said it is ramping up its global advertising spending as it aims to rebuild trust after a series of privacy missteps and other controversies dented the social-networking giant’s reputation.
The push, which Facebook marketing chief Antonio Lucio said could more than double the company’s advertising spending, will involve working with a revamped roster of creative agencies on campaigns for brands including WhatsApp and Instagram.
Mr. Lucio said the Menlo Park, Calif., firm has been tarred by election interference and misinformation on Facebook as well criticism of its privacy and data management.
“There’s no question we made mistakes and we’re in the process of addressing them one after the other, but we have to tell that story to the world on the trust side as well as on the value side,” Mr. Lucio said.
Facebook has already begun its effort to rebuild trust with consumers, according to Mr. Lucio. The company recently redesigned its mobile app and website to shift from an open public forum to a more private network with encrypted communication in closed groups. Last year it aired an expensive apology ad campaign to repair its image among people upset about the proliferation of fake news on Facebook and Russia’s use of the platform as it tried to influence the U.S. election.
Facebook is under intensifying government scrutiny. The Federal Trade Commission began an investigation into the company’s privacy practices more than a year ago, following reports that the personal information of tens of millions of users improperly wound up in the hands of data firm Cambridge Analytica. The FTC has separately secured jurisdiction on any possible antitrust matters related to Facebook.
The overhaul of the consumer-facing strategy could more than double Facebook’s advertising spending in two to three years, Mr. Lucio said. Facebook declined to disclose how much it spends on advertising. Ad-tracking firm Kantar estimated that Facebook shelled out $382 million on ads in the U.S. last year, up from $50 million in 2017.
To help get its message to the masses, the tech giant is revamping the roster of ad agencies it will use to craft campaigns promoting each brand—including Facebook’s own corporate brand—in the U.S. and around the world.
A multiyear consumer effort tasking agencies to create brand stories across a number of markets around the world is a shift from hiring shops for specific projects, many of them aimed at businesses instead of consumers, said Mark D’Arcy, chief creative officer at Facebook.
An early example of the approach is the company’s “Facebook More Together” ad, created by Wieden + Kennedy, which launched two months ago and encourages people to join groups for meaningful experiences.
The company plans to tell stories in similar ways for its other brands. For example, a campaign for Instagram would likely present the photo-sharing app as a way for users to express themselves. Some campaigns, including Instagram’s, likely won’t be shown until next year, when Facebook and its agencies will have had time to test different concepts, Mr. Lucio said.
“Our objective is to build brands that stand the test of time. We’re experimenting and starting from scratch in each market,” he said. “On the direct-to-consumer side, we have never had an effort of this magnitude.”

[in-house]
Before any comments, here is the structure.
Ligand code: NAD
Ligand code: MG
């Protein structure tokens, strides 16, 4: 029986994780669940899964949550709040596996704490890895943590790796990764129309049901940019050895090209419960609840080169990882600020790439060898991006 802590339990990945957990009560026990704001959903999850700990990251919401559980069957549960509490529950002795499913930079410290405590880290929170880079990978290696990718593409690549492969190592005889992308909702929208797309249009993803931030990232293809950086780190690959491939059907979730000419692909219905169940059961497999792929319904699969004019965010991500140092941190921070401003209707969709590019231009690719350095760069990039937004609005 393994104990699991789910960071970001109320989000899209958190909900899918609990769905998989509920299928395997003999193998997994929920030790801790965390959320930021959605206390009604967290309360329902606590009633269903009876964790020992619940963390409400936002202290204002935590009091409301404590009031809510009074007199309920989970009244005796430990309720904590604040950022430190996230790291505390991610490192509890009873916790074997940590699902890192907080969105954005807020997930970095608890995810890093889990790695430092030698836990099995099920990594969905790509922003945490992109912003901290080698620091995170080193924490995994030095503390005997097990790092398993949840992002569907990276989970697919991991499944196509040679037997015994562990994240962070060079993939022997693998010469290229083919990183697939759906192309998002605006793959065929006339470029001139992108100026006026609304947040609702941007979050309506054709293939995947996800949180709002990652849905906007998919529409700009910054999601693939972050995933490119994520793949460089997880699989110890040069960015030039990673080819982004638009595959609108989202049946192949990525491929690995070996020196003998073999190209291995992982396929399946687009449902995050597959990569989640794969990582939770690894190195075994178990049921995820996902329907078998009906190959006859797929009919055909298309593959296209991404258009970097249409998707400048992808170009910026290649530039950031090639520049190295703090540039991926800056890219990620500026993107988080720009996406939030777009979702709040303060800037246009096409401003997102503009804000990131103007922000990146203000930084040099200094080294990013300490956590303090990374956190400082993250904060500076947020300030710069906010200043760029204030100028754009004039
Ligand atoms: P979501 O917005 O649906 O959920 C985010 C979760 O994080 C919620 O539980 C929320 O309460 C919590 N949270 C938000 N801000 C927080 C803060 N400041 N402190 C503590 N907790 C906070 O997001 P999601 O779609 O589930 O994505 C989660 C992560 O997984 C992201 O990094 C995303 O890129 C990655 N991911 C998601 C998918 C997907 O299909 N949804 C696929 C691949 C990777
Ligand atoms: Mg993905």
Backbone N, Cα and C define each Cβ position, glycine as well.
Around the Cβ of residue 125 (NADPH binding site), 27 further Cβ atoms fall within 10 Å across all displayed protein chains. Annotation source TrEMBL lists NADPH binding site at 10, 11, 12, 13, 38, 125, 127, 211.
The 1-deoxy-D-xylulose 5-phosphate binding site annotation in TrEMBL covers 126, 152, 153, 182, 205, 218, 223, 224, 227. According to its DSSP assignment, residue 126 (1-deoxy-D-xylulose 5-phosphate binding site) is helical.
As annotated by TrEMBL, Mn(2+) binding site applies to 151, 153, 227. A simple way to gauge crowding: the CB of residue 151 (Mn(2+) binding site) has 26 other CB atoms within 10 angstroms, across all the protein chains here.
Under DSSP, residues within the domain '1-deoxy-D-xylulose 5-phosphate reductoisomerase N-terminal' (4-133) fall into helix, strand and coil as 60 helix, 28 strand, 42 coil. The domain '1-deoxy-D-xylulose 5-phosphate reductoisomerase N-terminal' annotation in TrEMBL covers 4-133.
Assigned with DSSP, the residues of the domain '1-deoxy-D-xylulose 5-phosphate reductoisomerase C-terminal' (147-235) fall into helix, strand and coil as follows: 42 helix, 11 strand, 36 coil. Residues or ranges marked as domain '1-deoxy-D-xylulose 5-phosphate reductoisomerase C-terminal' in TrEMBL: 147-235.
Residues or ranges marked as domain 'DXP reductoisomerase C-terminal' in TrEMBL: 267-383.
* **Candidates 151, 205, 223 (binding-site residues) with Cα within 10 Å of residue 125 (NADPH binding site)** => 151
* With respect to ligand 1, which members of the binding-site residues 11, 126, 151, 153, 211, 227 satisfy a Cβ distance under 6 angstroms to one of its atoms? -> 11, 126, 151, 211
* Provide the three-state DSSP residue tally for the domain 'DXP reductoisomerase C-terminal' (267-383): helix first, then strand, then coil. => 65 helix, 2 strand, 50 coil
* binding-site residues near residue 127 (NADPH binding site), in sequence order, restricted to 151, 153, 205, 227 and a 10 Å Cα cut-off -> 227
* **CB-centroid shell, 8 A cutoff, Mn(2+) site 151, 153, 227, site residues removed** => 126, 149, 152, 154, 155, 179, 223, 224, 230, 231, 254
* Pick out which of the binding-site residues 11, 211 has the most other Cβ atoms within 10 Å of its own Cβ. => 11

The company hired Wieden + Kennedy to support the Facebook App,
Leo Burnett to handle Facebook Messenger,
PLC’s Ogilvy to support Instagram, and
BBDO to work with WhatsApp. Droga5, which was recently acquired by Accenture Interactive, will work on the corporate brand and the broader mission to rebuild trust.
Compared with other digital companies, Facebook has spent less on consumer marketing, Mr. Lucio said, adding that the so-called apology campaign was more of a tactical response to events than a strategic effort to build a brand.
“We have not been able to build our brands directly to the consumer since the company started its journey, contrary to Google that’s been having direct-to-consumer communication for the last 10 years,” he said.
Facebook does trail some big rivals when it comes to ad spending. According to Kantar’s estimates, Amazon spent $1.84 billion on U.S. ads last year, making it the fifth-largest advertiser in the country. Google spent $660 million in 2018, Kantar said. (The Kantar figures don’t include some digital ad spending.)
Facebook will require its agencies to assemble diverse teams with more women, people of color and people with diverse sexual orientations, said Mr. Lucio, who joined the company last summer.
The diversity effort echoes Mr. Lucio’s earlier work at
where he demanded that the company’s advertising agencies add more women and minorities.
Mr. Lucio lauded the diversity of his own team, but Facebook continues to push for a better mix.
The company last summer said the proportion of women at the company had increased to 36% from 31% in 2014, while the proportion of black employees doubled to 4%, and that of Hispanic employees rose to 5% from 4%.
“We need the client to be diverse, the agencies to be diverse and production houses to be diverse to deliver a product that actually resonates with the consumer,” said Mr. Lucio.
Write to Alexandra Bruell at email@example.com
Corrections & Amplifications
The chief creative officer at Facebook is Mark D’Arcy. An earlier version of this article misspelled his first name as Marc. (June 14, 2019)